It is a little perplexing that Travis Knight’s Bumblebee did not set the box office ablaze like other films in the Transformers franchise. Despite the overwhelming positive critical response, audiences did not seem as willing to dive into the loveable robot’s first solo mission. One can only assume that it was series fatigue, and being release around Christmas rather than a plum summer slot like its predecessors, that factored into this.
Thankfully audiences will now have another chance to catch up with the best Transformers film to date now that the Blu-ray finally hits shelves today.
A prequel to the 2007 film, the story picks up as the Autobots find themselves on the losing end of the war with the Decepticons on Cybertron. Needing to regroup, Optimus Prime, leader of the Autobot rebellion, sends loyal soldier B-127 to the remote planet Earth in order to set up a new base. Landing on Earth in 1987, in the middle of a military training exercise led by Sector 7 lieutenant Jack Burns (John Cena), B-127 quickly finds himself under attack by both the military and the Decepticon known as Blitzwing. After the battle leaves him voiceless and battered the Autobot disguises himself as a 1967 Volkswagen Beetle and ends up in a junk yard.
It is there where he is discovered by eighteen-year-old Charlie (Hailee Steinfeld), who convinces her Uncle Hank (Len Cariou), owner of the scrapyard, to give her the Beetle. Still mourning the lost of her father, with whom she used to fix up cars, Charlie finds it difficult to cope with the fact that her mother (Pamela Adlon) has remarried. It is when working on the Beetle that she discovers that her car is anything but ordinary. Renaming him Bumblebee, Charlie and her new alien friend begin to learn how to overcome the physical and emotional scars that are holding them back from becoming the individuals they are meant to be.
Playing like an 80’s coming-of-age tale – one filled with pop culture references of everything from The Breakfast Club to Miami Vice to The Smiths and all things in between – the film is packed with a surprising amount of emotion. As he proved in his brilliant directorial debut Kubo and the Two Strings, Knight has an ability to capture the way young people process grief in an engaging way.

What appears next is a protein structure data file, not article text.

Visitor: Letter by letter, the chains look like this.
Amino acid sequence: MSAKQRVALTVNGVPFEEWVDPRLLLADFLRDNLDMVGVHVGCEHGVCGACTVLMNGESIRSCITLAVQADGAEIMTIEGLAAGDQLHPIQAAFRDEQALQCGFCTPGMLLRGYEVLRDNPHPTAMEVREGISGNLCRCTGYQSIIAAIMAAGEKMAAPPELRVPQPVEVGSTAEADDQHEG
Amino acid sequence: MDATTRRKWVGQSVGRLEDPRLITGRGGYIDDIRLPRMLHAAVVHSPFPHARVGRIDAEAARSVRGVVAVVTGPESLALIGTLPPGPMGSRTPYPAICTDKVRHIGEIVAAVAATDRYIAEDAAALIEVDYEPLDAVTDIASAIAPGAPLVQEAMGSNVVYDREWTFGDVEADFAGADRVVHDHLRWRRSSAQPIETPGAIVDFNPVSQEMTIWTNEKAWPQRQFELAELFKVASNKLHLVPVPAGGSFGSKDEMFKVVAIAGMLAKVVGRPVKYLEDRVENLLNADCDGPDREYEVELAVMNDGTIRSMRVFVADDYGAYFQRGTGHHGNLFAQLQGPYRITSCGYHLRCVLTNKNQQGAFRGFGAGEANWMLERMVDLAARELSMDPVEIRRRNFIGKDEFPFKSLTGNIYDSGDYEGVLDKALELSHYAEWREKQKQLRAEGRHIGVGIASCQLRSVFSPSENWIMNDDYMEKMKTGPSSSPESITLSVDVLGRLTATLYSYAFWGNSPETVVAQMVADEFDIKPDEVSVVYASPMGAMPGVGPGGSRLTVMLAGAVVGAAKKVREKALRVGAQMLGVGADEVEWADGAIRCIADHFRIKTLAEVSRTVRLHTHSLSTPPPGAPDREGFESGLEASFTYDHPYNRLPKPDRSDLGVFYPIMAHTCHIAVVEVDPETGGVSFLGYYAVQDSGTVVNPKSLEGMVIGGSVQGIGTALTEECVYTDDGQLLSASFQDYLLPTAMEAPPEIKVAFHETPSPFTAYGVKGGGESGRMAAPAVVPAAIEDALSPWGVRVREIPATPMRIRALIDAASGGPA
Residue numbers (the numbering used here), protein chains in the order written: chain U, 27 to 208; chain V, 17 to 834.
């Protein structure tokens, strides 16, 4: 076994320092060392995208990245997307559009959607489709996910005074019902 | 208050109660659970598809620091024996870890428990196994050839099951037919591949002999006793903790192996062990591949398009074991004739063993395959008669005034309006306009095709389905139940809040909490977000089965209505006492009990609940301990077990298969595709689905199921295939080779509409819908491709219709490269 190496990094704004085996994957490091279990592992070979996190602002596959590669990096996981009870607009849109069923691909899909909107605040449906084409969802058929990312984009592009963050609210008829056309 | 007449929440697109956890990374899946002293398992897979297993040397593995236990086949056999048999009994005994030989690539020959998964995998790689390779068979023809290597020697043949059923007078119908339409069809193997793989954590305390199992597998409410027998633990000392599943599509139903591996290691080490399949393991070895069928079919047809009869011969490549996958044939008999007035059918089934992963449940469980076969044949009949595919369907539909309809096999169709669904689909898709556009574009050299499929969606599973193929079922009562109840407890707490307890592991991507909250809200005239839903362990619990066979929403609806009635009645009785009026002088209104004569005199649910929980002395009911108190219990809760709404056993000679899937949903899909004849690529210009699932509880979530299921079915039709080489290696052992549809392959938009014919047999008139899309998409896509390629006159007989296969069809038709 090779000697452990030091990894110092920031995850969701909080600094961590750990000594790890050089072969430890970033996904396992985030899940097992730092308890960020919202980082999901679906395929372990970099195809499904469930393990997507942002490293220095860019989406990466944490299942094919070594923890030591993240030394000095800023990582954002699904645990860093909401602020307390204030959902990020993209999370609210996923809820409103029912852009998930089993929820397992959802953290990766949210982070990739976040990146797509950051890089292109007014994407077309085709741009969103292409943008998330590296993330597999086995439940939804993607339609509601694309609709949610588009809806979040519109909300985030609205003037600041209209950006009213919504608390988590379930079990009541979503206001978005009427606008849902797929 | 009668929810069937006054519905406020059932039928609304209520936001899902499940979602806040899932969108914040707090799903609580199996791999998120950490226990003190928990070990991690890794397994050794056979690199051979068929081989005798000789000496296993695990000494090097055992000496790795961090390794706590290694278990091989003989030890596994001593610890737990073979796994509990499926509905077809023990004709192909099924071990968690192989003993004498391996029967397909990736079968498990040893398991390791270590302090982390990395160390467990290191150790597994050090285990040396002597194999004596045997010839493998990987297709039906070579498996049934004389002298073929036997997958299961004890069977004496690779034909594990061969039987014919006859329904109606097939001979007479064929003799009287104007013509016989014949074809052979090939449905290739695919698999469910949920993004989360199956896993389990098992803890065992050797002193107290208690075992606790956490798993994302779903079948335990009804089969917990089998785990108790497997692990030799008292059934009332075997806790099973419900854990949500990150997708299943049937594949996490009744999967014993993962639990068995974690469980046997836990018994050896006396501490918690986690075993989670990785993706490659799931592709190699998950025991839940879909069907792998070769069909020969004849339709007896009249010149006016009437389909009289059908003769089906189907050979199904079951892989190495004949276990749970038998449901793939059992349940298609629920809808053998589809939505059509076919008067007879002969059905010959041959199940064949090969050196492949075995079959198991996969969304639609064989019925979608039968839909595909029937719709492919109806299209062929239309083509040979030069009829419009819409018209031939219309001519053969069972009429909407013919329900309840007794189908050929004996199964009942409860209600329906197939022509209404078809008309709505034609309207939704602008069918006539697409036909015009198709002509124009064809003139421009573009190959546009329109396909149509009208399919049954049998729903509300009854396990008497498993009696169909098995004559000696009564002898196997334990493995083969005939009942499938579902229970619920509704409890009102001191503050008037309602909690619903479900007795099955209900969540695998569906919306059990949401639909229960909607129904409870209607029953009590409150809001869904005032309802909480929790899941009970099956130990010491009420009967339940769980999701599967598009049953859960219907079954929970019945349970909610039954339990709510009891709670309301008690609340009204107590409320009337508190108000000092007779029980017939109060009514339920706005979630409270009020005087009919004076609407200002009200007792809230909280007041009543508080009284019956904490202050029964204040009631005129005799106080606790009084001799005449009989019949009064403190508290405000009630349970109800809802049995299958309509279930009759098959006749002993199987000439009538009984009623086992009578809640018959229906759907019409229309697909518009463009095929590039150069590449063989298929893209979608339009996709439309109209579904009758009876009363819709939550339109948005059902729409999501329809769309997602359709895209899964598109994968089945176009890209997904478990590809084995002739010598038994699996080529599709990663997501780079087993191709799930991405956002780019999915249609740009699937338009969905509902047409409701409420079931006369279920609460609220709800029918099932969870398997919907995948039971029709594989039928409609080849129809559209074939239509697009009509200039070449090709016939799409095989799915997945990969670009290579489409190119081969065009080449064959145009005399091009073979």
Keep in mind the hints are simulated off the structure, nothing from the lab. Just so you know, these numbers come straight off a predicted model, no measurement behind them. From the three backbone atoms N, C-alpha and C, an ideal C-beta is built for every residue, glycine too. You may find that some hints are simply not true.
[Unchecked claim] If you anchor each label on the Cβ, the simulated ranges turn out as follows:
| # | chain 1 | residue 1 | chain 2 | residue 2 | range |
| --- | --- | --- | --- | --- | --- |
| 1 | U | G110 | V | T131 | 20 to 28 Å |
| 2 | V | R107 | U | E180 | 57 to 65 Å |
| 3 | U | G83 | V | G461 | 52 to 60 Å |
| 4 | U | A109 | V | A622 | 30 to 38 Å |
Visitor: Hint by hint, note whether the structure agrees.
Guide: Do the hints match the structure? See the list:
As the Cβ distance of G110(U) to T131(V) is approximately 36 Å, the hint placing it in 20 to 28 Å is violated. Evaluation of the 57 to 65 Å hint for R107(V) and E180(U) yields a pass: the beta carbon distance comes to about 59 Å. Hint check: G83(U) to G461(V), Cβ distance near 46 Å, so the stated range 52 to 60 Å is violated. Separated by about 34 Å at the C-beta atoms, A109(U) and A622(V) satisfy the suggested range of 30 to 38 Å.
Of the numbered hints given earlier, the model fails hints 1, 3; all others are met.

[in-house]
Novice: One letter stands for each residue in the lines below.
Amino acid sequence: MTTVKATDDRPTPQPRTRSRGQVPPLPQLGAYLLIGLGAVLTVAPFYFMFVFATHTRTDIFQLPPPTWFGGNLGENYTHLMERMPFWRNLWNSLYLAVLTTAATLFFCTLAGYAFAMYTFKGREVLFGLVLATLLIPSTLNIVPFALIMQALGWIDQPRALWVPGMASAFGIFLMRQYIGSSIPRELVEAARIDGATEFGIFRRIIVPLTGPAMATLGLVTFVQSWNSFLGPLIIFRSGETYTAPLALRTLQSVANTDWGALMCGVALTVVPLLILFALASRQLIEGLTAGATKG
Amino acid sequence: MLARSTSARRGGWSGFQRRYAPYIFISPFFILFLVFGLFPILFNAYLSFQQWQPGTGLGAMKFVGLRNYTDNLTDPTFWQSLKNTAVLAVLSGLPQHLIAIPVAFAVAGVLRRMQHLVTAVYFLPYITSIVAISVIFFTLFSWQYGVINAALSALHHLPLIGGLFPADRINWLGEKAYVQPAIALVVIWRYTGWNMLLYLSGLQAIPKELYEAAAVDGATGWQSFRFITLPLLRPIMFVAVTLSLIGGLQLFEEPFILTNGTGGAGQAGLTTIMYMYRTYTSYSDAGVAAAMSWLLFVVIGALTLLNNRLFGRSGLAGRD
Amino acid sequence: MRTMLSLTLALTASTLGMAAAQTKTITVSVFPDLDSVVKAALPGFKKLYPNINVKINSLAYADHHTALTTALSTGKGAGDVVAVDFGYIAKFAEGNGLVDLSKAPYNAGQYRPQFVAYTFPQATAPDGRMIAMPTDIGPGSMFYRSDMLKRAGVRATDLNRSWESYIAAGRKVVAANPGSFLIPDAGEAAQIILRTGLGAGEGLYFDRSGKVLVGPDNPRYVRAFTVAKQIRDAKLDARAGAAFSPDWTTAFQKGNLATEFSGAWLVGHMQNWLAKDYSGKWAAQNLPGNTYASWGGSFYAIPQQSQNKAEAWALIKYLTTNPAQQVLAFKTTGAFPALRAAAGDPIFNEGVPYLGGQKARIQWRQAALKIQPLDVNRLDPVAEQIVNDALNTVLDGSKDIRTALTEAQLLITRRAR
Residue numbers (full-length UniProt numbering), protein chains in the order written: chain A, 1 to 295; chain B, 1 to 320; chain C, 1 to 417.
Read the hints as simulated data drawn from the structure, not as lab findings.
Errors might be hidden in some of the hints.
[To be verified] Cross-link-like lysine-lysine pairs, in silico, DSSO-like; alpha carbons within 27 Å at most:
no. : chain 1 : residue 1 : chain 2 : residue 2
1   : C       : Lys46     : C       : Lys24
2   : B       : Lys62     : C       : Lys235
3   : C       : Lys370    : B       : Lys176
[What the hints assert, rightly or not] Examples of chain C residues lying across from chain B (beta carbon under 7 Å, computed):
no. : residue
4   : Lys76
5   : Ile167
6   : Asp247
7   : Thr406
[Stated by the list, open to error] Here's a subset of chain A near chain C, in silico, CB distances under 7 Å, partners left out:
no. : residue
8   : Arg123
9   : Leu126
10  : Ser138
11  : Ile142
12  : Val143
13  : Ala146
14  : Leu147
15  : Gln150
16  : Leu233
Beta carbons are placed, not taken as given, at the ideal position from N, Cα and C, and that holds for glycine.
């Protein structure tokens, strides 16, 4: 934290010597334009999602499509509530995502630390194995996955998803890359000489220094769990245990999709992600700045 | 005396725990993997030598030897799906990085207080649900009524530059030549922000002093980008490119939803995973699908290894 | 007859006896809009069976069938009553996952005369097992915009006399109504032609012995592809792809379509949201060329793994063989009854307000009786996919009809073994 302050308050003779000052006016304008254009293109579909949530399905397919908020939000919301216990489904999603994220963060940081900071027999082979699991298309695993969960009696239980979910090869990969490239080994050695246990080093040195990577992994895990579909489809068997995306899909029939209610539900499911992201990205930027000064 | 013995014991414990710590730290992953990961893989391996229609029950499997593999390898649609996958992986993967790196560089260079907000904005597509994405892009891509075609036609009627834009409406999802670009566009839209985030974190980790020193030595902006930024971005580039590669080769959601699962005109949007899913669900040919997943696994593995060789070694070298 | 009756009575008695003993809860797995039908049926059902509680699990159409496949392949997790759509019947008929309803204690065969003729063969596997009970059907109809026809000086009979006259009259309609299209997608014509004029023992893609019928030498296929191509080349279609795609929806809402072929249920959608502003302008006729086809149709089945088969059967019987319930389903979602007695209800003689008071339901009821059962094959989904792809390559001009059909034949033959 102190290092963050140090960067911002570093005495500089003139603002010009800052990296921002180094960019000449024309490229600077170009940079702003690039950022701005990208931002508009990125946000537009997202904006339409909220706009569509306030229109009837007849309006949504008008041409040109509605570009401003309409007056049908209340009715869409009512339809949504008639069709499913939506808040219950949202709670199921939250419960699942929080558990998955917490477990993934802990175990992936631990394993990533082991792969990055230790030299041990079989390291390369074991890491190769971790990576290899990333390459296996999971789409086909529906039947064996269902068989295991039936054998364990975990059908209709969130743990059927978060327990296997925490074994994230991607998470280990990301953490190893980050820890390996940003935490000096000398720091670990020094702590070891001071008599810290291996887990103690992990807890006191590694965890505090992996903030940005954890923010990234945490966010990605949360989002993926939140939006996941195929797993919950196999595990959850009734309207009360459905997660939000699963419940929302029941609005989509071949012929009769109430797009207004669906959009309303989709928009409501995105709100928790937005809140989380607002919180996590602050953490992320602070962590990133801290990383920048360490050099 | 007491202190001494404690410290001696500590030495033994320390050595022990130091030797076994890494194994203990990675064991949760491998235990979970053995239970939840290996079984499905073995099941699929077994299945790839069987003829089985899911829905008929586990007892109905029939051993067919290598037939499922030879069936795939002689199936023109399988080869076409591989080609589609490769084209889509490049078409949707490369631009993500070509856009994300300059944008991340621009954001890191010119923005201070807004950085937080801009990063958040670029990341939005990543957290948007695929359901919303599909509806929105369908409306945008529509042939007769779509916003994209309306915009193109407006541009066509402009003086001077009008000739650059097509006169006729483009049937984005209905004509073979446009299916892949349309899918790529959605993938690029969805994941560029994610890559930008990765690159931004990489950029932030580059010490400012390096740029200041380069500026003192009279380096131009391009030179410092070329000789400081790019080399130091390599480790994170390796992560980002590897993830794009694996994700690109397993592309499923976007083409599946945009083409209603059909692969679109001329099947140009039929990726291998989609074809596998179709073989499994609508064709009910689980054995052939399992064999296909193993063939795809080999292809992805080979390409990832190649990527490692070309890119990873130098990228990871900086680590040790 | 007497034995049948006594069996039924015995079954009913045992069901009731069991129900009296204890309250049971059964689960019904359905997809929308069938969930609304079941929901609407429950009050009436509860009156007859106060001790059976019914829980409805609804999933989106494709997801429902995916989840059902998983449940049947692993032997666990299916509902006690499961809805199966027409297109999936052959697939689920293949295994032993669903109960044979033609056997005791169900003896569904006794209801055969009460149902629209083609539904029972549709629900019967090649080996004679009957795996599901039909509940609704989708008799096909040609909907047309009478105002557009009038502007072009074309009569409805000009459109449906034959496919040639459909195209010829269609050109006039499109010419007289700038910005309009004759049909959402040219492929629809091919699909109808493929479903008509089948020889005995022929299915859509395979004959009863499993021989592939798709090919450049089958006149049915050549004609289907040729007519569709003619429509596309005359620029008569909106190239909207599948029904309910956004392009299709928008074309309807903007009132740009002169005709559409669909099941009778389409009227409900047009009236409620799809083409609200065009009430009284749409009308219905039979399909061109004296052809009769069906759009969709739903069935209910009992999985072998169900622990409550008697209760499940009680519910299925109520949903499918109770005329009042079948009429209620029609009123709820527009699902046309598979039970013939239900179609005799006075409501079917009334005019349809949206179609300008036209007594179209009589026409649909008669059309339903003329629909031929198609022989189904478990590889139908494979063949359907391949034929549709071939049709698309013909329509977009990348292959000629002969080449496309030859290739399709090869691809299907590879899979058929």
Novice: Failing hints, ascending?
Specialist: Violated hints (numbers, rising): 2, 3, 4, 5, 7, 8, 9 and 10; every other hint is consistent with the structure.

Unlike previous installments in the franchise that got tied up in reinventing the mythology of Transformers, including placing them on the moon and having them help Harriet Tubman fight slavery, Knight keeps the focus on Charlie and Bumblebee’s relationship. While Transformers like Optimus Prime, Shockwave, Soundwave and Cliffjumper make cameo appearances, this is the first film where the characters and story feel more important than merely selling toys. Bumblebee’s central Decepticon villains Shatter (Angela Bassett) and Dropkick (Justin Theroux) are used just enough to keep the action moving without sacrificing the emotional core.
The Blu-ray, which comes with a mini Bumblebee comic, has several special features that will satisfy Transformer lovers young and old. “Sector 7 Adventures: The Battle at Half Dome” is a lengthy motion comic that captures the events at the beginning of the film from the perspective of a Sector 7 agent. The comic serves as a bridge to the 2007 Transformers film. Fans of the 80’s Transformers cartoon and toys will find “Bumblebee Goes Back to G1” informative. The feature explores how the film blended many of the 80s character designs with the modern aesthetic of Michael Bay’s films.
Bringing a once dead franchise back to life, Bumblebee is the live-action Transformers film fans will want to add to their Blu-ray collection.
Bonus Features: Agent Burns: Welcome to Sector 7, Sector 7 Adventures: The Battle at Half Dome (All-New Motion Comic), Deleted and Extended Scenes, Outtakes, Bee Vision: The Transformers Robots of Cybertron, The Story of Bumblebee, The Stars Align, Bumblebee Goes Back to G1, Back to the Beetle, California Cruisin’ Down Memory Lane.